Academy Curricular Exchange
Columbia Education Center
Social Studies

Woody Morris, Wewoka High School, Wewoka, OK


Appropriate for grades 7-12.

OVERVIEW:  This unit sets up a hypothetical dilemma and asks
students to offer solutions based on their own reasoning and
problem-solving skills.  The unit begins with a scenario of
nuclear war and requires students to make decisions which may
affect the survival of humans on Earth.

PURPOSE:  The purpose of this unit is to have students work
together to reach consensus of a controversial issue.  It helps
them realize that sometimes there are no right and wrong answers.

OBJECTIVES:  Students will be able to:

 1.  Evaluate various types of information and decide what traits
     and other factors are of most importance for long-term
     survival in an emergency or crisis situation.

 2.  Effectively present their opinions and arguments either
     orally or in writing.

ACTIVITIES:  Three days ago, nuclear war broke out around the
world with massive attacks in all heavily populated areas.  For
the first 24 hours, radio broadcasts reported tremendous damage
and loss of life in all areas, including the total annihilation of
most of Earth's population.  For the past 48 hours, there have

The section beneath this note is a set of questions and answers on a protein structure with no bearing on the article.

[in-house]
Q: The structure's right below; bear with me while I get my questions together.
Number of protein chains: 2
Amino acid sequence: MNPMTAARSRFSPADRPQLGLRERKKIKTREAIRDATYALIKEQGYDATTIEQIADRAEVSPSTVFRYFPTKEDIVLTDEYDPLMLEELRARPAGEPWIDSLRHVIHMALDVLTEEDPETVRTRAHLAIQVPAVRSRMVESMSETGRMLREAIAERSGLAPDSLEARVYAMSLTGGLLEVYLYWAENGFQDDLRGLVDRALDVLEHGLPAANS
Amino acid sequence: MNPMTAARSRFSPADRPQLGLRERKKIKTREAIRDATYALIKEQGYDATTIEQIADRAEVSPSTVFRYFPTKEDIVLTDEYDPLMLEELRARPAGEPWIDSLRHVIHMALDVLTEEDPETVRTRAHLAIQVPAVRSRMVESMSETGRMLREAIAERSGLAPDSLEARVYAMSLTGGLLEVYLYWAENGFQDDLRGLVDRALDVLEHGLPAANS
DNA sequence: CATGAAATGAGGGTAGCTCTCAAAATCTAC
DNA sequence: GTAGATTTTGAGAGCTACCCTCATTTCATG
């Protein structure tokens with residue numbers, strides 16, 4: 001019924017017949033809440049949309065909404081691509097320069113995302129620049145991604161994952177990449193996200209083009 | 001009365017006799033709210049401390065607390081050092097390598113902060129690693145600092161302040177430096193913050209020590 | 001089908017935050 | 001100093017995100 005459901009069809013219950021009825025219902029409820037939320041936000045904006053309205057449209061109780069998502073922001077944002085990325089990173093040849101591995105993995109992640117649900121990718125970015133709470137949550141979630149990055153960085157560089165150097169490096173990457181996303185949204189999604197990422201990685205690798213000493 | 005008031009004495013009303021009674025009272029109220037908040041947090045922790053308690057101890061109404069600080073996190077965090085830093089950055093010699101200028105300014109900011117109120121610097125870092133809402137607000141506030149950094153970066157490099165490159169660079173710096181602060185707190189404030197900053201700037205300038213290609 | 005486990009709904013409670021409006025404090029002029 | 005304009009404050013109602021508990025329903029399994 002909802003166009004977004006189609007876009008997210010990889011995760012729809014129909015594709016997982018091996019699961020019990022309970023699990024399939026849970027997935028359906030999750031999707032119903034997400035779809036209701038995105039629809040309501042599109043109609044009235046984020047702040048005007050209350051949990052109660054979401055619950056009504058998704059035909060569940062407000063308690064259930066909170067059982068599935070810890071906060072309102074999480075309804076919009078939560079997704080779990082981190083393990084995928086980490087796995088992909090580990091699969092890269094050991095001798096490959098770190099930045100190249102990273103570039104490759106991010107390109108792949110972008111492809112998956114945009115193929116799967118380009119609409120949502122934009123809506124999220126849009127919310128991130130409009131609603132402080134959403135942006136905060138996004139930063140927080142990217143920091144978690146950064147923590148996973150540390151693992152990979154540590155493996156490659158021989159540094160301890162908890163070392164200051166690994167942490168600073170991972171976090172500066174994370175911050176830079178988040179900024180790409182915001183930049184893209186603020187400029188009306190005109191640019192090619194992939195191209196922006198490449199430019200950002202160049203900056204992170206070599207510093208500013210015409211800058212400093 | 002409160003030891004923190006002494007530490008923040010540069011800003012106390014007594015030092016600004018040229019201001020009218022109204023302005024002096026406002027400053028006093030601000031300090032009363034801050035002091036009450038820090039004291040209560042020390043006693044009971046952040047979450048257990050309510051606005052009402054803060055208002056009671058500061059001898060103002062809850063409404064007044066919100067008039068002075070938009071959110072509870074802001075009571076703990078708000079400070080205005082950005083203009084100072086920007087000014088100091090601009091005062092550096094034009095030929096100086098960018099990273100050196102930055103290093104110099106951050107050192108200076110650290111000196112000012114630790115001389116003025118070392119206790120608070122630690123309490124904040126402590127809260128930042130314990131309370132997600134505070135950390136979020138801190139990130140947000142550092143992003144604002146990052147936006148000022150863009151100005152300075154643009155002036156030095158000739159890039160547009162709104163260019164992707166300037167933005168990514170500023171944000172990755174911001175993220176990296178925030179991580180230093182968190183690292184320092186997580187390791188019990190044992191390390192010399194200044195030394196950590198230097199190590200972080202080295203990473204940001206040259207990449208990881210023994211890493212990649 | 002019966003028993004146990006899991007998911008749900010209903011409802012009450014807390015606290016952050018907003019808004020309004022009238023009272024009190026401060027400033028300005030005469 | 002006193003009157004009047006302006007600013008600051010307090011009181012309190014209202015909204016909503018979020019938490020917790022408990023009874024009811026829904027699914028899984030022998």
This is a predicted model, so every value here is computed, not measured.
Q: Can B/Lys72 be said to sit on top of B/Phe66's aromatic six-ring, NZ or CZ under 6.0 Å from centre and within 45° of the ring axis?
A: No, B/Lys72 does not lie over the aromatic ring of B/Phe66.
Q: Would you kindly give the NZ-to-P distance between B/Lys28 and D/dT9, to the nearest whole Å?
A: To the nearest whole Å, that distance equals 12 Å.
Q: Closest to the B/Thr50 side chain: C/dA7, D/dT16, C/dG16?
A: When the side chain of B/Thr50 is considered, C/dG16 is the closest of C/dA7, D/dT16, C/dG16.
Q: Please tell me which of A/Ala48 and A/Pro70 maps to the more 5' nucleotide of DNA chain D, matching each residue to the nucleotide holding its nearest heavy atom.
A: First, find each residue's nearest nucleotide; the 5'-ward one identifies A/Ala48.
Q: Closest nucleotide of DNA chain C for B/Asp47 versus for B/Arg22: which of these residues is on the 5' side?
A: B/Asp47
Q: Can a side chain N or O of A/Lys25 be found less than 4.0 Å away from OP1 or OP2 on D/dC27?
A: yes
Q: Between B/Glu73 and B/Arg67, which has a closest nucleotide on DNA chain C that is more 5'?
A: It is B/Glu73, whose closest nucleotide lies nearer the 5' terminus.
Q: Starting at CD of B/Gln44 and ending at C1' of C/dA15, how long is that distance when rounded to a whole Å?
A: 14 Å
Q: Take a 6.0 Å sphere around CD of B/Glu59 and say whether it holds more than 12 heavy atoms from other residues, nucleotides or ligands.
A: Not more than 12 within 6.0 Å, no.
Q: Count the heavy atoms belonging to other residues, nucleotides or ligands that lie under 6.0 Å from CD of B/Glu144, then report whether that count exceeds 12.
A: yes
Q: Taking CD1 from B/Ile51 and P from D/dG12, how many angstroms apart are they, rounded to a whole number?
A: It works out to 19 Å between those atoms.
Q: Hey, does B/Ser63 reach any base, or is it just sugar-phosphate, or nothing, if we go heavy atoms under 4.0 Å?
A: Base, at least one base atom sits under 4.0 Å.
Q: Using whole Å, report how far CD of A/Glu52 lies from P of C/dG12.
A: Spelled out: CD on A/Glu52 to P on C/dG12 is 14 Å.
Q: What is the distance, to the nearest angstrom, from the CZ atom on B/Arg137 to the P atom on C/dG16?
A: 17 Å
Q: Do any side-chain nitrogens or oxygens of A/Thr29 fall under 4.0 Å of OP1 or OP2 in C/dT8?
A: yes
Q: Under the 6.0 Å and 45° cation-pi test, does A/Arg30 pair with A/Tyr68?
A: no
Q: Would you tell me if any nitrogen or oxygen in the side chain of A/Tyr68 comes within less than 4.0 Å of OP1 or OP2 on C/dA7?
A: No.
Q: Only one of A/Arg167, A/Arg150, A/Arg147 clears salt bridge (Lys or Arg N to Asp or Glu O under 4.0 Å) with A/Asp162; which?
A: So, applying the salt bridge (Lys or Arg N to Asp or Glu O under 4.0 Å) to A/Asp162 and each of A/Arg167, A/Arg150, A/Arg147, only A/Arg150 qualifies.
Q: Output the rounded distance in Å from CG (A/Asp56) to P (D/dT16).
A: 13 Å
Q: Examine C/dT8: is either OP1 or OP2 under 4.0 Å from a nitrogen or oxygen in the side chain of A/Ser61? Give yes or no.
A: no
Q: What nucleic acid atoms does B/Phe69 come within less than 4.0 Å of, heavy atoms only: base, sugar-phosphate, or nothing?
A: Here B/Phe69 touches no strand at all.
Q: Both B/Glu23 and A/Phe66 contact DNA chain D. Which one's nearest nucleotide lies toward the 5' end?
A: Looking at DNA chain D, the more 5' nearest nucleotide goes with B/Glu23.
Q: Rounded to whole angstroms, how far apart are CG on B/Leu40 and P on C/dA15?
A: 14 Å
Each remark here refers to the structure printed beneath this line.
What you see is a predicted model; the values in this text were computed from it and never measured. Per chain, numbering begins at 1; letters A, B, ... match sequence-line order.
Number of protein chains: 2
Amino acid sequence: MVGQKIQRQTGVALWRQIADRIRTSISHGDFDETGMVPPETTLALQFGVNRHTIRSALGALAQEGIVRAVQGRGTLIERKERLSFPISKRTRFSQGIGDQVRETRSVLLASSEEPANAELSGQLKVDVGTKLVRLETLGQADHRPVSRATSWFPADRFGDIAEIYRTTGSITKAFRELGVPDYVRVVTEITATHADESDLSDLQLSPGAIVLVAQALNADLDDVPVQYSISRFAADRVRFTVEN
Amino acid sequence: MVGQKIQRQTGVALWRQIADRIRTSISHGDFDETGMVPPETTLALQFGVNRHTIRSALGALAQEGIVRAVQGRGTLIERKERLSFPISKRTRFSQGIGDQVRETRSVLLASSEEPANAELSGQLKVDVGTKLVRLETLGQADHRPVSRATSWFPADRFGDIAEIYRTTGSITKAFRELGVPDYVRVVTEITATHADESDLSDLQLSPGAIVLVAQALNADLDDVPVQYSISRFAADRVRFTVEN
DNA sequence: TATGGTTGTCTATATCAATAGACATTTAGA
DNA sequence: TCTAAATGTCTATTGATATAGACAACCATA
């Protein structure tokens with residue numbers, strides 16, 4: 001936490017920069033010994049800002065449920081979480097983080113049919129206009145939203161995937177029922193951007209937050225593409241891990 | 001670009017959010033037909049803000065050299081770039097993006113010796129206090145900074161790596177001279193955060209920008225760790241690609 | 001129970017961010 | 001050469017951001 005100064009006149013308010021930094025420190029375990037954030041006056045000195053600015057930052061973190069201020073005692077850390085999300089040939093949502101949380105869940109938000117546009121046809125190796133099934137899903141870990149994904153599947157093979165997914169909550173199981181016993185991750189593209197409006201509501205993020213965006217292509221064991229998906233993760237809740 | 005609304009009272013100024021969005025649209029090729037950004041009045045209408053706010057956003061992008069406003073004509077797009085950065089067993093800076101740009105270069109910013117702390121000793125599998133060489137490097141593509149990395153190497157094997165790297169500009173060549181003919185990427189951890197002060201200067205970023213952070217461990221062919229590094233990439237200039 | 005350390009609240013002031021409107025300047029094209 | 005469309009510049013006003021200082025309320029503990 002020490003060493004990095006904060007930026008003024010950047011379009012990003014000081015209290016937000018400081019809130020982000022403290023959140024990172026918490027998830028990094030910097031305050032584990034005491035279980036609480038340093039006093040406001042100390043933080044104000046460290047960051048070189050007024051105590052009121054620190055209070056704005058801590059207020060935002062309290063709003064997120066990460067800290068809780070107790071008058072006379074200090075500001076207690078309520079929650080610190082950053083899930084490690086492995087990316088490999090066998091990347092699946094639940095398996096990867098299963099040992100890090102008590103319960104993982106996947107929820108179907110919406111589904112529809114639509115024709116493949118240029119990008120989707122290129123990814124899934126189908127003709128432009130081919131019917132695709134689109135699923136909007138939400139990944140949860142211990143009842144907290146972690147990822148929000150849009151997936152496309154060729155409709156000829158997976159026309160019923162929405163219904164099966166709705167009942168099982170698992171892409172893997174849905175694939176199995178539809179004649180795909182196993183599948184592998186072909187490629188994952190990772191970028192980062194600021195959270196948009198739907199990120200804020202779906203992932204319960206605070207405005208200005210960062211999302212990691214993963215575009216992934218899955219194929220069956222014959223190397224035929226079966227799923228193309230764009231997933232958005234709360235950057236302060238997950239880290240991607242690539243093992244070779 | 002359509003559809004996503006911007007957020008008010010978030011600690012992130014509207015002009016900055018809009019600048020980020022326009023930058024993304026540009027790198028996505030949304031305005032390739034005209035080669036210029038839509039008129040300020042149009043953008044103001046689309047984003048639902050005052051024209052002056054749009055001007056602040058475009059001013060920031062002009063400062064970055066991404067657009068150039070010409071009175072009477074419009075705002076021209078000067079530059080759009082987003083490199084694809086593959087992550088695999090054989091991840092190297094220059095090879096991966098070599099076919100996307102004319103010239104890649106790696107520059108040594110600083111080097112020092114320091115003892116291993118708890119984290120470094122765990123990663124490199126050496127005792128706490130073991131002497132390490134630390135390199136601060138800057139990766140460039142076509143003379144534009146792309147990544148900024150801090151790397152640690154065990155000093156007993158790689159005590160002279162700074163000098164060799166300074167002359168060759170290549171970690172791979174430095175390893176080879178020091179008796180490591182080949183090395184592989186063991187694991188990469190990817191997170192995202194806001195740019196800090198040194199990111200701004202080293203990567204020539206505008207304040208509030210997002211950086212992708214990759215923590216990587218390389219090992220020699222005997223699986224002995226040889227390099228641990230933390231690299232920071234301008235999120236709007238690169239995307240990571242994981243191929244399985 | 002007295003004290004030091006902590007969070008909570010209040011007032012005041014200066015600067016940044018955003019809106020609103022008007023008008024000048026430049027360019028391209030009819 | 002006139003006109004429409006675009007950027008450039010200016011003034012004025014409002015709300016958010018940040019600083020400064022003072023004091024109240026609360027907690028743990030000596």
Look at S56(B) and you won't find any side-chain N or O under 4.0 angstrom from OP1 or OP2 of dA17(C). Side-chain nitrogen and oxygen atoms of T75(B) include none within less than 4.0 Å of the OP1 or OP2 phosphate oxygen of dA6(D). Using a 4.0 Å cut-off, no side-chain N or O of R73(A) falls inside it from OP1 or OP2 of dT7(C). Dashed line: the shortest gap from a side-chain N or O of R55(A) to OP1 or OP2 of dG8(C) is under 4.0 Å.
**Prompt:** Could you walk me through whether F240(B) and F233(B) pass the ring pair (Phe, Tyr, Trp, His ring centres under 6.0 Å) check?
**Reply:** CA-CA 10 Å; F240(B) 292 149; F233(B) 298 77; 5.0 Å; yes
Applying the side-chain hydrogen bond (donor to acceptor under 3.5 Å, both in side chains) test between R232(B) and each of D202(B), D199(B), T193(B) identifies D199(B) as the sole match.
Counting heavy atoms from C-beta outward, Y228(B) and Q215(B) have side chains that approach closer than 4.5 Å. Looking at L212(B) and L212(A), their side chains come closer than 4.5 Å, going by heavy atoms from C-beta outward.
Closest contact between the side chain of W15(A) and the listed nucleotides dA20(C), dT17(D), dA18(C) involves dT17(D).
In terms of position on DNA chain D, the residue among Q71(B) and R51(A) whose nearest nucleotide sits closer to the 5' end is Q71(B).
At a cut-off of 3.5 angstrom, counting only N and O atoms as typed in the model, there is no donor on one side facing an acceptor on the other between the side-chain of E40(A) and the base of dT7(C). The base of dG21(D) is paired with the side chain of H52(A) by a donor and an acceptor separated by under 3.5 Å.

been no broadcasts.  Fortunately, the people listed below were
able to reach a fallout shelter in time to take cover and survive
the initial devastation.  You must assume that those in the
shelter are, as far as you know, the only survivors of the war.

Here is the dilemma:  There are twelve people in the fallout
shelter, but there is n‹•¹½Õ¡™½½±º…ѕɱand other supplies
to keep them all alive until the atmosphere is safe.  To survive,
the people must stay inside the fallout shelter for at least three
months.  The problem is that if all of them stay in the shelter,
all of them will starve to death or dehydrate.  There are supplies
enough to allow seven of the twelve people to survive.

Your task is to decide, based on the information given, which
people will be allowed to remain (and live), and which people will
be required to leave the shelter (and probably die).  We will
assume that those who are selected to leave will do so peacefully. 
At issue is the survival of humans on Earth.  The bottom line is
that if human beings are to repopulate the Earth, such
repopulation will begin with those survivors chosen be you.

Carefully evaluate all information about each of the twelve
persons.  Consider their health, experiences, age, sex, and
intelligence.  Then decide which seven will be allowed to stay in
the shelter and which five must leave.

On a separate sheet of paper, list the seven people you would have
survive and repopulate the Earth, stating your reasons for keeping
them.  Then list the five you would have leave the shelter and
state the reasons for not keeping them.

After you have made your decisions and formulated your reasons,
you will be placed with a group of other students (four to five
per group).  Each person in the group should present his or her
decisions to the rest or the group.  The task is to reach a
consensus among the group as to who should stay and who should go.


 1.  James Stanley                 7.  Gerald White
     age:  43                          age:  35